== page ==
Because words matter

I'm going to meander my way toward my point today, I think. Thank you for bearing with me.

In Orwell's "1984," there's a scene toward the end wherein Winston is faced with another man incarcerated with him in the Ministry of Love. The man is there because he failed in his job, which was to redact literature to suit the purposes of the Party. He left the word "God" in a poem, because there was simply no other word that would have made sense in its place. The desperate man couldn't make sense of nonsense.

Back in the real world, I own a copy of Rudyard Kipling's "Just So Stories." It is one of my favorite books in the whole world. I love it. My copy contains a publisher's note at the front, explaining that the edition contains Kipling's original language and was published thusly because it reflects the actual words of the author. (I'm paraphrasing a bit.) This note is there because, in one of the stories, the word "nigger" is used.

I plan to read all of these stories to the Critter when he is old enough for them, because they are charming and magical and some of my best childhood memories comprise having them read to me. When I get to the story that includes the word "nigger," I am going to explain to him that it is a word that was used a lot when Kipling wrote the book. I will explain that the word is an awful word that people shouldn't use, because it was meant to insult and oppress black people back when white people thought they had the right to do so. I will explain that using that word today would be very wrong, and I would be very angry to hear the Critter ever use it.

What I won't do is pretend that it isn't there.

I mention all of this as preamble to sharing my thoughts about this:
Mark Twain's Adventures of Huckleberry Finn is a classic by most any measure—T.S. Eliot called it a masterpiece, and Ernest Hemingway pronounced it the source of "all modern American literature." Yet, for decades, it has been disappearing from grade school curricula across the country, relegated to optional reading lists, or banned outright, appearing again and again on lists of the nation's most challenged books, and all for its repeated use of a single, singularly offensive word: "nigger."

Twain himself defined a "classic" as "a book which people praise and don't read." Rather than see Twain's most important work succumb to that fate, Twain scholar Alan Gribben and NewSouth Books plan to release a version of Huckleberry Finn, in a single volume with The Adventures of Tom Sawyer, that does away with the "n" word (as well as the "in" word, "Injun") by replacing it with the word "slave."
This is so very wrong-headed.

First of all, the two words don't mean the same thing. One is a slur, and another is a social condition, albeit an awful one. One has no use other than as a term of abuse specific to one kind of person, while the other could be used to describe anyone who is in a state enslavement. They do not communicate the same concepts and replacing one with the other is intellectually sloppy and does naive readers a disservice.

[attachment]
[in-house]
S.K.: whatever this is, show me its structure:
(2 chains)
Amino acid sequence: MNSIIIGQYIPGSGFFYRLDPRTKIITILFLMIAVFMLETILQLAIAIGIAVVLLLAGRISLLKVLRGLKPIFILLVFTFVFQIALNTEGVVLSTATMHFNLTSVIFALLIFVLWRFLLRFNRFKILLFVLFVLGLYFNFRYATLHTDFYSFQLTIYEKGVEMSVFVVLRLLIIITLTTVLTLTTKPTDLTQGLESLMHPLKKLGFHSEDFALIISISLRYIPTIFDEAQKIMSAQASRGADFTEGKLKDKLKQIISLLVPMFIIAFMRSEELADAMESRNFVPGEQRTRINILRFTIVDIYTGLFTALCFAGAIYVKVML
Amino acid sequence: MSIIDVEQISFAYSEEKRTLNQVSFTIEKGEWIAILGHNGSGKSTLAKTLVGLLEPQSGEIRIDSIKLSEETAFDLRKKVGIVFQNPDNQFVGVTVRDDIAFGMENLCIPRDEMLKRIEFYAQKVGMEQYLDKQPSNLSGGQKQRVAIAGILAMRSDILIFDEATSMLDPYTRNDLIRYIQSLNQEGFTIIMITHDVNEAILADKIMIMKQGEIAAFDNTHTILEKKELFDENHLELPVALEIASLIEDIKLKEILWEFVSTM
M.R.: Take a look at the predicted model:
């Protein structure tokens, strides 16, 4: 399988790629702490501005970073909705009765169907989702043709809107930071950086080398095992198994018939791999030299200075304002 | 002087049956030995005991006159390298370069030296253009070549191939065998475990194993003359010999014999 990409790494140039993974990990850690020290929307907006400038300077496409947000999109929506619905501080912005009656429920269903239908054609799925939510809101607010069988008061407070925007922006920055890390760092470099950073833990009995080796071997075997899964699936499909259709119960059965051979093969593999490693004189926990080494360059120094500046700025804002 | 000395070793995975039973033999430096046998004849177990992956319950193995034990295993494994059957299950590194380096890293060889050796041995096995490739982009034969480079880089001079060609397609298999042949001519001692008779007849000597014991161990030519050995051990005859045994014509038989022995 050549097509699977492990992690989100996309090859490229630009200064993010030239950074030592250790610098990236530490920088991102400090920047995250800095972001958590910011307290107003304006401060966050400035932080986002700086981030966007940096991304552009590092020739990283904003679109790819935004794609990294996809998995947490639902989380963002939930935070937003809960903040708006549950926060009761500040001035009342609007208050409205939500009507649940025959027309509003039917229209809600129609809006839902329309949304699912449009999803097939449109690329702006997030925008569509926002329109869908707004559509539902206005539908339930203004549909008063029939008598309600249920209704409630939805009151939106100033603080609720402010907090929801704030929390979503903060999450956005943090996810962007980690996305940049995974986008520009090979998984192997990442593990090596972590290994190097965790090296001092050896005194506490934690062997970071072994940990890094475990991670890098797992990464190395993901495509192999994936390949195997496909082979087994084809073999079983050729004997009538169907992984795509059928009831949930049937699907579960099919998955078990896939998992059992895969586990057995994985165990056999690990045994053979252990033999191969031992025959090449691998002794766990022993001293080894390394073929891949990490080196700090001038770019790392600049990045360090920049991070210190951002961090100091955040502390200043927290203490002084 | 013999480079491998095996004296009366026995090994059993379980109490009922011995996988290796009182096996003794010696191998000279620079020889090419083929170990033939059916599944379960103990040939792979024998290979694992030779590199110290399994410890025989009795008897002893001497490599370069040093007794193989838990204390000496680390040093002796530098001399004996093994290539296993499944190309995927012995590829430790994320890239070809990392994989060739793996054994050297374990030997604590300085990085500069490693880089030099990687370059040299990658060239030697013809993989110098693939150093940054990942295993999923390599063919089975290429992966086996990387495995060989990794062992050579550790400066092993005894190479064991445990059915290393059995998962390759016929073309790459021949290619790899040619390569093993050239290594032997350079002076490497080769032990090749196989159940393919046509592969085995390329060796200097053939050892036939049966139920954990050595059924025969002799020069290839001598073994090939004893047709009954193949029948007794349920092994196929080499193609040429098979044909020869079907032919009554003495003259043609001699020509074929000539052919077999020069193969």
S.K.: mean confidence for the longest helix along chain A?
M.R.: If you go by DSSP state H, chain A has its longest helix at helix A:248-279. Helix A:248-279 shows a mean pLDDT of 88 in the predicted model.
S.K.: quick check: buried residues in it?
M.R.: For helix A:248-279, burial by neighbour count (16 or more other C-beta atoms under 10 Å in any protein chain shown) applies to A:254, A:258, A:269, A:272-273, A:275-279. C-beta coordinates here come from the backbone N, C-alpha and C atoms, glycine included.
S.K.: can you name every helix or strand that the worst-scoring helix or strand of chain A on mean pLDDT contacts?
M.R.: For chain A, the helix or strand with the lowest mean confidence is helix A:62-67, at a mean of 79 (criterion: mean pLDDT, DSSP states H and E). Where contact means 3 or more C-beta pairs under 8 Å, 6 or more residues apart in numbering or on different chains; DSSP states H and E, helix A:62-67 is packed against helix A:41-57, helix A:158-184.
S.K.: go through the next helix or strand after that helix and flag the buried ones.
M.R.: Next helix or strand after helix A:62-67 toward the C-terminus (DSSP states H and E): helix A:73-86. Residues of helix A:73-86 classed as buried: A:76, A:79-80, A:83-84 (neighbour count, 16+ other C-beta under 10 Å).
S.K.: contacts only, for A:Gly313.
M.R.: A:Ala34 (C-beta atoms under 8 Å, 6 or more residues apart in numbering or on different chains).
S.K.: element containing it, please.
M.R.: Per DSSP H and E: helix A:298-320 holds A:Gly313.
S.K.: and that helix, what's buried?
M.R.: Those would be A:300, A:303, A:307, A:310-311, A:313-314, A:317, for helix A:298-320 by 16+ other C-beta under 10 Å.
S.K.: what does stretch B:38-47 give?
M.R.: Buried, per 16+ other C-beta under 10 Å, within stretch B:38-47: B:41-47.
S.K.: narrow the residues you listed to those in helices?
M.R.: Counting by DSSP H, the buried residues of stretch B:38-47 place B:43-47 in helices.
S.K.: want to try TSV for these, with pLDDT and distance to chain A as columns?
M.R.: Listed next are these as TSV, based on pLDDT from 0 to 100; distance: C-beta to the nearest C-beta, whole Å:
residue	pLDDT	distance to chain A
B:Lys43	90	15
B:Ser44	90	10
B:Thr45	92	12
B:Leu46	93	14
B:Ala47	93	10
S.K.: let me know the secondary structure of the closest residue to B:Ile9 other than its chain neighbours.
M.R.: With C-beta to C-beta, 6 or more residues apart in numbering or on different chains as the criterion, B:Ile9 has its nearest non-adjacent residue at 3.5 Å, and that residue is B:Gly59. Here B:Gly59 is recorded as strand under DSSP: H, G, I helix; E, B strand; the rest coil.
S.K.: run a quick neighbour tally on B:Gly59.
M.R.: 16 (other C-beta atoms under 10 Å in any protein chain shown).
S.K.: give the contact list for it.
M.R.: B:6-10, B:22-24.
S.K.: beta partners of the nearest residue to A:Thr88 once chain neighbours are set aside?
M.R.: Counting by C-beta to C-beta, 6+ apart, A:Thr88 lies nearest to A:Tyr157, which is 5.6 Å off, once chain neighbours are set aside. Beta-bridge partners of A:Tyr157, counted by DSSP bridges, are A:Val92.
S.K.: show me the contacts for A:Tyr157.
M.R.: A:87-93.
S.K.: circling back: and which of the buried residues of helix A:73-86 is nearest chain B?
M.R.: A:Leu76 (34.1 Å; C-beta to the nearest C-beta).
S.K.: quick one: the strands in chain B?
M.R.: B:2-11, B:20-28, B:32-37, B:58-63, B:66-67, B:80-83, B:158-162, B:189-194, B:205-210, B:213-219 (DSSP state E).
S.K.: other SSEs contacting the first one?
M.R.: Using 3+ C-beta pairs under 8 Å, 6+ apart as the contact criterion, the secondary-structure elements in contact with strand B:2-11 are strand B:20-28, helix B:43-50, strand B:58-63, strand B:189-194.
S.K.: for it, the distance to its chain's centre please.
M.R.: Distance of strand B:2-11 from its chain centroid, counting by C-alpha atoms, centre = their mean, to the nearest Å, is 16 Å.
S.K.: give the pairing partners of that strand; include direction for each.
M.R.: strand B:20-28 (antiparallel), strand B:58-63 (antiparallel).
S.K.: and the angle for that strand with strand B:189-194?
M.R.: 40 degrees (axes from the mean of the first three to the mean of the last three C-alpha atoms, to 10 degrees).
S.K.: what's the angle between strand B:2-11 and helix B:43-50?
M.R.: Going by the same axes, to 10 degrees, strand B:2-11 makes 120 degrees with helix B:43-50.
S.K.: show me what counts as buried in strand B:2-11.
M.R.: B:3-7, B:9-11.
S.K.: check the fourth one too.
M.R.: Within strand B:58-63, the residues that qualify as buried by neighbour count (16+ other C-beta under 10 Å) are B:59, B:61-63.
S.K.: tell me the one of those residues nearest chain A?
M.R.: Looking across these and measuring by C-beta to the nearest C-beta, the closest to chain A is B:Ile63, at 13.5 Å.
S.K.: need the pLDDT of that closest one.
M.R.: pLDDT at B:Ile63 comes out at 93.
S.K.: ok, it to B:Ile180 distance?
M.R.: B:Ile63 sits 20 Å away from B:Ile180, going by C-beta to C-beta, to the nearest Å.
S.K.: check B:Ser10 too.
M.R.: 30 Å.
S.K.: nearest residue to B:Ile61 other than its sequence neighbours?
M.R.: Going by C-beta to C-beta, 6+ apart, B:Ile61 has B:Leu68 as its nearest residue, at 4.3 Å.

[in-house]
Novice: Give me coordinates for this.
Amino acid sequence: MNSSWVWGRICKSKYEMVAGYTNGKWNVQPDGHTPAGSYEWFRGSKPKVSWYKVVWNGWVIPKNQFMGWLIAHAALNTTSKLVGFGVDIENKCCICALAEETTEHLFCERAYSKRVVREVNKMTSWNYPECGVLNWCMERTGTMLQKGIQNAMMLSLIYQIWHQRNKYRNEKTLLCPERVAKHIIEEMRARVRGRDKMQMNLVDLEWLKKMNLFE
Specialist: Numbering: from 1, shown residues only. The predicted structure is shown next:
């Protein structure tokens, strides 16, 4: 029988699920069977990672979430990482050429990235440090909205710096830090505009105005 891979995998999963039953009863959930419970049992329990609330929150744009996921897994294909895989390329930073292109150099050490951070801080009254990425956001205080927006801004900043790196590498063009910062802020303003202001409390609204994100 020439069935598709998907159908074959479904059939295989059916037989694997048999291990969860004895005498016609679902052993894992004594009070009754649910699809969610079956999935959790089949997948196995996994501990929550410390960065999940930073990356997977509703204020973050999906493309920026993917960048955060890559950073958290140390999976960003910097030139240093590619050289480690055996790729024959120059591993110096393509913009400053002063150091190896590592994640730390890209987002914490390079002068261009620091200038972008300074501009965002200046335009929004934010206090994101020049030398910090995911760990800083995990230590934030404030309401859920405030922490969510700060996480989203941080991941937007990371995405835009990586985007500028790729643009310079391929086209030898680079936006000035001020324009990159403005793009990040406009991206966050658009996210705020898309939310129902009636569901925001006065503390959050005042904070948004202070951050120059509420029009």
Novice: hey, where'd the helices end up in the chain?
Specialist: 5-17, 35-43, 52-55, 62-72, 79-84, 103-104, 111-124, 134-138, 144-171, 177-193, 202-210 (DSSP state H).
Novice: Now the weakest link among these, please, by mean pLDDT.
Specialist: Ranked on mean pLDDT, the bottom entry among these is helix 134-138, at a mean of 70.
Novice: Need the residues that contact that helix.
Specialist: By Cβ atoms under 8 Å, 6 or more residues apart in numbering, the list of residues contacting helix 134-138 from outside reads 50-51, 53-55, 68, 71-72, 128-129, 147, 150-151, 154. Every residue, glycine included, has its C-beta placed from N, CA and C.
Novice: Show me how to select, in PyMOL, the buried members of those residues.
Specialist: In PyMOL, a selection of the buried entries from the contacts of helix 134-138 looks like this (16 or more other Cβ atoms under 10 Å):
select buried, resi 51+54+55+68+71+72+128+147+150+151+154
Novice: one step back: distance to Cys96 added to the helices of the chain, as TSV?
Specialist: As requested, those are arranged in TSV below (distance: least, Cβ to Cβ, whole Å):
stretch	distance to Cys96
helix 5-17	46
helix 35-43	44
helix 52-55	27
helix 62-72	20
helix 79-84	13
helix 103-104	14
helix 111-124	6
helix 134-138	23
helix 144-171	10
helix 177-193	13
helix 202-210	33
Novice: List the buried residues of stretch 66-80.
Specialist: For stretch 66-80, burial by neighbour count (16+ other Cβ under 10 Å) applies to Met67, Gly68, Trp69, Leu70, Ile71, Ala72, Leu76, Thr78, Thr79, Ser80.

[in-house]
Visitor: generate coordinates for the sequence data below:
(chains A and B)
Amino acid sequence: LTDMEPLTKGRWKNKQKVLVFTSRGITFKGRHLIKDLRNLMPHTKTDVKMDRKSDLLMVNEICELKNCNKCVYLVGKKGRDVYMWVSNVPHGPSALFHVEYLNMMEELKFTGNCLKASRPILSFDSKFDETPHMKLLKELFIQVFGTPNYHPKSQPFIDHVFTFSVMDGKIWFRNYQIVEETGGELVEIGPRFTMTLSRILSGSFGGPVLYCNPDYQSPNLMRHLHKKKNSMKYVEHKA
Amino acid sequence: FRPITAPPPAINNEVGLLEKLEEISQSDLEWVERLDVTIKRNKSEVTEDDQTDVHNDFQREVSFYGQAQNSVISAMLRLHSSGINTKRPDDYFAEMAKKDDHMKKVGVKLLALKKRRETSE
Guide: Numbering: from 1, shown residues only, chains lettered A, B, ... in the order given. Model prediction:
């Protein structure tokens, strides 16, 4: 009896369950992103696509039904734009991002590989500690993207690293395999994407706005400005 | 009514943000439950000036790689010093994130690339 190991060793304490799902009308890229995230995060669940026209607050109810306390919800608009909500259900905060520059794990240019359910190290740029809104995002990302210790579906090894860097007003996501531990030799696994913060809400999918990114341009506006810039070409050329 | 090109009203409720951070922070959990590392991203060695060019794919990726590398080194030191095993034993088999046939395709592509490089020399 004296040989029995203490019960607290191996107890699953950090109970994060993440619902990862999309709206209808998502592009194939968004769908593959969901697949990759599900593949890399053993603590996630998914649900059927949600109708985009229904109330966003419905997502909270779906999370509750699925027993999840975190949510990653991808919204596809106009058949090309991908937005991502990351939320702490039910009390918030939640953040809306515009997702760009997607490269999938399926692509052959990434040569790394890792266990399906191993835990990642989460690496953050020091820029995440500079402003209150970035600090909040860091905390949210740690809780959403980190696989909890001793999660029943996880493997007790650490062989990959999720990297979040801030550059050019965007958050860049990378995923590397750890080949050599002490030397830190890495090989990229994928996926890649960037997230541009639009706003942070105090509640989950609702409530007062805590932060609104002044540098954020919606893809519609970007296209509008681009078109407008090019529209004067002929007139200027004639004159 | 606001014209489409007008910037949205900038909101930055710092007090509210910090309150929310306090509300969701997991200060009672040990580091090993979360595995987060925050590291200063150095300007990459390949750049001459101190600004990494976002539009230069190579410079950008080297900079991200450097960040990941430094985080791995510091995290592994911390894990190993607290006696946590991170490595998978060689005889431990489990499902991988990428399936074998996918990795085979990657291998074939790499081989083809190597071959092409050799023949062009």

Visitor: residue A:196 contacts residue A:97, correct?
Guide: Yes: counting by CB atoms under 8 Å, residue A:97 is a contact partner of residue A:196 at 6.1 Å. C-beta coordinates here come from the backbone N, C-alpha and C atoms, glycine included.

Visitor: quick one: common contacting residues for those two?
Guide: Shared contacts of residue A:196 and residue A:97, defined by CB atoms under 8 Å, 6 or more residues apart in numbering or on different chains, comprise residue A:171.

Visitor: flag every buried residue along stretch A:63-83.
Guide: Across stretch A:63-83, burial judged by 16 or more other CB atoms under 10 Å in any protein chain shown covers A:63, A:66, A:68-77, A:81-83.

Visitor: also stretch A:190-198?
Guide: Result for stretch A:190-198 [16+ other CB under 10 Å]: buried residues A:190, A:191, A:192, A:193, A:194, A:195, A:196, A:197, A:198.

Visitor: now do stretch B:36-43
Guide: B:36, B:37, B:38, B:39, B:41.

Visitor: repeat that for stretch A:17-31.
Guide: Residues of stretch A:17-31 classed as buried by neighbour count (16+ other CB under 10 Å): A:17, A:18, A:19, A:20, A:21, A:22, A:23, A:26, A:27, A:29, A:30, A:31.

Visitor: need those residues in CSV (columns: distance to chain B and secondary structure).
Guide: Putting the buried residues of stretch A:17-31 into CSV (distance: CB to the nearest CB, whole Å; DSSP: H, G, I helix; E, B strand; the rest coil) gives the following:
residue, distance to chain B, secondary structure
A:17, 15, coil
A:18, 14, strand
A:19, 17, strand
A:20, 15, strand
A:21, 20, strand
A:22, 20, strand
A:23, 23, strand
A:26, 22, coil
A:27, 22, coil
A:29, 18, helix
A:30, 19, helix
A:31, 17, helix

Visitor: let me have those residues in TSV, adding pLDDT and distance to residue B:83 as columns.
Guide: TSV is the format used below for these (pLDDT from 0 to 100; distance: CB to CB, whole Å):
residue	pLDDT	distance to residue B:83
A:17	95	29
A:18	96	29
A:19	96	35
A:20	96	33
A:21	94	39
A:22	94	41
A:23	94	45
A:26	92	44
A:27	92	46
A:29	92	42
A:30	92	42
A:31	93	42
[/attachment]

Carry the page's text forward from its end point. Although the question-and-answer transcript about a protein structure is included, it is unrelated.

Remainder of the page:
I will abashedly admit that I myself have not read "Huckleberry Finn." (As chance would have it, my ignorance of Twain's writing was a subject of much surprised parental conversation over the recent holidays.) But my understanding is that Twain's use of the word "nigger" is not for the purposes of perpetuating the degradation of black people, but as a reflection of the language and attitudes of the society he is depicting. Isn't one of the primary reasons for introducing children to great literature to instill the ability to read critically and with discernment, to understand the layers of meaning in written communication? By depriving them of books that challenge their assumptions and experiences, are we not making them less able to function as mature and intelligent adults?

And even if Twain were using "nigger" with approval, the approach to objectionable speech isn't to silence it or pretend it doesn't exist. It is to thoughtfully and carefully explain what makes the speech objectionable, to counter it with better, more convincing and moral speech. It's not to take an eraser to it.

I obviously object to Gribben's efforts, and hope this edition dies a quick death. But I believe his intentions were good, and meant to counter the ridiculous exclusion of one of America's great novels from our schools. Our history and culture are complicated, and contain much that is ugly and troubling and difficult. Our children deserve nothing less than an honest understanding of this reality, and they deserve to read the literature that reflects it.

1 comment:

  1. You know, I've run into this same wall in conversation a couple of times lately - in reference to True Grit and A Chorus Line, of all things - and you've done an excellent job of articulating what's bothered me: that there is a problem with dismissing art on the sole objection of its reflecting the time and attitudes it portrays. However offensive to our Modern Sensibilities they might be, this does not mean the work has nothing to offer us.

    I sometimes feel that both sides of our currently polarized society have lost the ability to do other than summarily accept or reject, whole cloth. Whatever happened to nuance? Is it that our post-post-Modern, numbed-to-shock-content mindset has rendered us incapable of believing that anyone might write/create/include something objectionable for any other reason than the prurient/sensational? Have we so far lost our ability to think critically about ANYTHING?